Throughout 17 years of donning metal claws, fans have come to associate Wolverine with Hugh Jackman and vice versa. So how do you respectfully end the saga of a character that has become so dear to fans of all ages? The answer: with respect, and maybe a little more blood and guts than you’re used to.
“Logan” follows Wolverine in 2029, where all mutants have been seemingly wiped out, leaving only himself, professor Charles Xavier (Patrick Stewart) and new mutant Caliban (Stephen Merchant). The catch: Caliban’s ability to track mutants has no more use, Professor X suffers from Alzheimer’s Disease, and Wolverine’s healing factor seems to not work as well as it used to. All three are hiding out in Mexico, with Logan making ends meet as a limo driver. It all changes when Logan receives a different kind of job, having to take 11-year-old Laura (Dafne Keen) up to North Dakota to a place called Eden. However, Eden is supposedly a mutant sanctuary, and Laura is the world’s last new mutant. Fighting against the mutant-hunting Reavers led by crazed cyborg Donald Pierce (Boyd Holbrook), Logan must go past his limits in order to potentially save all of mutantkind.
If the plot seems like a lot to take in, it’s because it definitely is, and that’s one of the film’s major faults. With a full runtime of two hours and 17 minutes, “Logan” spends most of its first hour laying the groundwork for this post-apocalyptic future, and how the main cast lives in it. That’s all well and good for comic book fans who relish every detail of these kinds of stories, but the average viewer might feel a little overwhelmed with all of these different elements colliding at once.
Speaking of comic book fans, those who’ve been following Logan’s story in the pages will naturally want to draw parallels between the movie and the now-famous story arc, “Old Man Logan,” which shows an older Wolverine fending for himself in a post-apocalyptic world. Right off the bat, they’ll notice one major difference: the lack of the rest of the entire Marvel Universe. Yet the film still pulls it off masterfully. It may not be “Old Man Logan,” but it definitely is the story of Logan as an old man. On top of this, “Logan” is most definitely rated R — the film opens with Wolverine brutally slashing some carjackers — making it veer more on the side of “Deadpool” in terms of action, gore and storytelling.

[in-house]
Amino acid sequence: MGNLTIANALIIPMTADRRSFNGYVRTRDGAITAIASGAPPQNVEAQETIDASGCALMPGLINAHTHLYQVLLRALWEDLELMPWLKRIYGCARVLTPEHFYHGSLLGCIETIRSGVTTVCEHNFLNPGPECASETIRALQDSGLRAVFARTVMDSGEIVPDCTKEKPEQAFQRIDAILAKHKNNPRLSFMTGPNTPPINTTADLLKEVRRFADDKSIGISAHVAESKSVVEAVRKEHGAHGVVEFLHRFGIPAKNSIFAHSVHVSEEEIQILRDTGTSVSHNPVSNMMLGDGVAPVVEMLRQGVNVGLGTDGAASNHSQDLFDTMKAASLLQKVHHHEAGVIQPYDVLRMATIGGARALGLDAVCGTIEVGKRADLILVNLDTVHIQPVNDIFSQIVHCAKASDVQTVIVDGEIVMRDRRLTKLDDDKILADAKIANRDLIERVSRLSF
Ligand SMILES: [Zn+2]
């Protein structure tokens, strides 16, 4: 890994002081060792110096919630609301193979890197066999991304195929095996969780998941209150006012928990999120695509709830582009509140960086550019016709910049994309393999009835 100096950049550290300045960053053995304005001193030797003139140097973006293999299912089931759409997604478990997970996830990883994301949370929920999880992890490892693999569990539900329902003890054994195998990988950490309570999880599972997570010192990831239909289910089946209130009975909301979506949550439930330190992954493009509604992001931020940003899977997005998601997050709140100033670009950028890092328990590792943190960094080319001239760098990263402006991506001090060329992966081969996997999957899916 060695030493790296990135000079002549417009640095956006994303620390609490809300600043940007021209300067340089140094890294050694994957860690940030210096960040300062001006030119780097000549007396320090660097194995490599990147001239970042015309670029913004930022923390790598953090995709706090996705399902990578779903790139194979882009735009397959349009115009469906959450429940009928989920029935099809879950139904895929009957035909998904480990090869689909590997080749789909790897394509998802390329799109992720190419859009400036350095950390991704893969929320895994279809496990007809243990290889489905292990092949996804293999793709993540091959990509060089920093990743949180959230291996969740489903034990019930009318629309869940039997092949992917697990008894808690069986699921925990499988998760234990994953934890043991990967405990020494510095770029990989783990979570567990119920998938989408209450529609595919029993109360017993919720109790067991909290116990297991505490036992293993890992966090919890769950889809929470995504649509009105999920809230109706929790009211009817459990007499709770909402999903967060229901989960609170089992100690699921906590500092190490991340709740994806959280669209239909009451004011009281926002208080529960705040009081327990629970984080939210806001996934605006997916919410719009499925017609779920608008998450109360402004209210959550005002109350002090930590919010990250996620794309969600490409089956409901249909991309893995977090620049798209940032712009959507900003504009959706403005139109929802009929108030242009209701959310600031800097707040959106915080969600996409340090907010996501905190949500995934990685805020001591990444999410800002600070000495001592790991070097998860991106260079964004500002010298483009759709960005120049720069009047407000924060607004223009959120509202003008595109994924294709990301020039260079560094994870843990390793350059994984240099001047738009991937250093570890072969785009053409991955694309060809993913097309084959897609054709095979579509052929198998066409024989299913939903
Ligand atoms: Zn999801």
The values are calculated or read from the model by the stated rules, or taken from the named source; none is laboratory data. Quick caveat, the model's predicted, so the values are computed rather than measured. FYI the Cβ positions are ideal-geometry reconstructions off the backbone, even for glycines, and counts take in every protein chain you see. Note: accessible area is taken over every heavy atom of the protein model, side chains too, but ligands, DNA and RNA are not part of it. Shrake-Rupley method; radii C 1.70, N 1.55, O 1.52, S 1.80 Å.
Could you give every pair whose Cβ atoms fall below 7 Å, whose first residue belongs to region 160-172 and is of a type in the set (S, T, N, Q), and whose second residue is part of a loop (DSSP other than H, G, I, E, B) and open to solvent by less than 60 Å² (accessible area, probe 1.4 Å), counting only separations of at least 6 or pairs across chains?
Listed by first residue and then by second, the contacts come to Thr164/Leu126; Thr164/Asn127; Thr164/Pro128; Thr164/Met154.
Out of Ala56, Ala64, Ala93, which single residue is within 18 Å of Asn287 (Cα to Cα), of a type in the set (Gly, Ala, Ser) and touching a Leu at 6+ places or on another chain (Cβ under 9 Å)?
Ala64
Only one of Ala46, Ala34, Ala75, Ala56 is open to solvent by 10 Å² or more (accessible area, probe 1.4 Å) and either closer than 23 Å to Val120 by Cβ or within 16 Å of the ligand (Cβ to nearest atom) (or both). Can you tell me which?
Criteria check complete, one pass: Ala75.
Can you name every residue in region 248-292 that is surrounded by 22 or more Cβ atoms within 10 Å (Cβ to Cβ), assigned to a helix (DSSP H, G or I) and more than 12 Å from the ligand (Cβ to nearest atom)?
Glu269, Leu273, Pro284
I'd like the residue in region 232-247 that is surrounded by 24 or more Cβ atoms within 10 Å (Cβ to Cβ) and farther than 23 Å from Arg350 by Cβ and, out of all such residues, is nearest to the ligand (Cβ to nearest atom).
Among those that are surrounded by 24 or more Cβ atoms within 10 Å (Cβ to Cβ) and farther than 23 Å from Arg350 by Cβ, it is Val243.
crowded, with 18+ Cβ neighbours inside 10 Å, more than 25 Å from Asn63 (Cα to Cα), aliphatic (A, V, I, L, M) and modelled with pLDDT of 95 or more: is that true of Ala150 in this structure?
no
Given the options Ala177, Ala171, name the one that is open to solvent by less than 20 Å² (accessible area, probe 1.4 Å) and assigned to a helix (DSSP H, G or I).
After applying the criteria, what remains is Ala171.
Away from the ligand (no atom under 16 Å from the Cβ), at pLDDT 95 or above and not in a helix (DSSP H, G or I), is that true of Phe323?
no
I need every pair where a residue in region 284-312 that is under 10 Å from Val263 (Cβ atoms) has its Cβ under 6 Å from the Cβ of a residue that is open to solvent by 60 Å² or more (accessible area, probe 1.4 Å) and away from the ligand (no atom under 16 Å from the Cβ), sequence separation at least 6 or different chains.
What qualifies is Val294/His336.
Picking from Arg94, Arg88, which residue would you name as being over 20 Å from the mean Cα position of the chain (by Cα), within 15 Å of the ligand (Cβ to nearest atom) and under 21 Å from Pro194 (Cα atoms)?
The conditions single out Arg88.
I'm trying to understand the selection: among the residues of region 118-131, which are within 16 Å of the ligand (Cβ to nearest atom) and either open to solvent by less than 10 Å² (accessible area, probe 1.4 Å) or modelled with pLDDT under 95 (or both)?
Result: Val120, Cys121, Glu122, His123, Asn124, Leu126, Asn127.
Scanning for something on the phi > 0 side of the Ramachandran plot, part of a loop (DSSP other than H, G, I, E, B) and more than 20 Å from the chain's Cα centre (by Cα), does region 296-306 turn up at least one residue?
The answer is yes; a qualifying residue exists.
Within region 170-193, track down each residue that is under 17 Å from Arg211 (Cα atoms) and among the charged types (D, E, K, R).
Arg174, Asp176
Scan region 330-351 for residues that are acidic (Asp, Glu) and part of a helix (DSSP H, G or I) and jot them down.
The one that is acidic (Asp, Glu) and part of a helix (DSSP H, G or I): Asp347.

What “Logan” lacks in story, it more than makes up for in acting. While Wolverine may be the focus of the movie, Keen’s Laura is certainly the breakthrough role. Despite not speaking for more than half of the movie, Keen manages to pull off an extremely compelling performance in and out of action scenes with all the rage of her comic book, with most of the movie’s best fights revolving around her. Stewart’s latest run as Charles Xavier is just as incredible, with Stewart really putting in every bit of his classical training into the famous leader of the X-Men. His struggle with Alzheimer’s seems genuine, making Professor X responsible for some of the most tear-wrenching moments of the movie.
But, of course, the best performance goes to Jackman in his curtain-closing turn as Wolverine. Jackman’s talent turns Wolverine, a character who in the first “X-Men” movie back in 2000 could be considered one-note at best, into a deep, complex and well-rounded character. His age is apparent in more than how he looks: he fights slower, is less enraged, yet still has that slightly selfish worldview. This Wolverine is clearly at the end of his journey, and with a delayed healing factor, the stakes have never been higher. Much like his co-stars, Jackman puts every part of himself into the conclusion of his time as Logan.
With all that, “Logan” can truly be considered the way to retire a character. Everything about it feels like a definite, final adventure, and that only helps to strengthen everything about this film. This is, without a doubt, the curtain call that Jackman’s Wolverine deserves.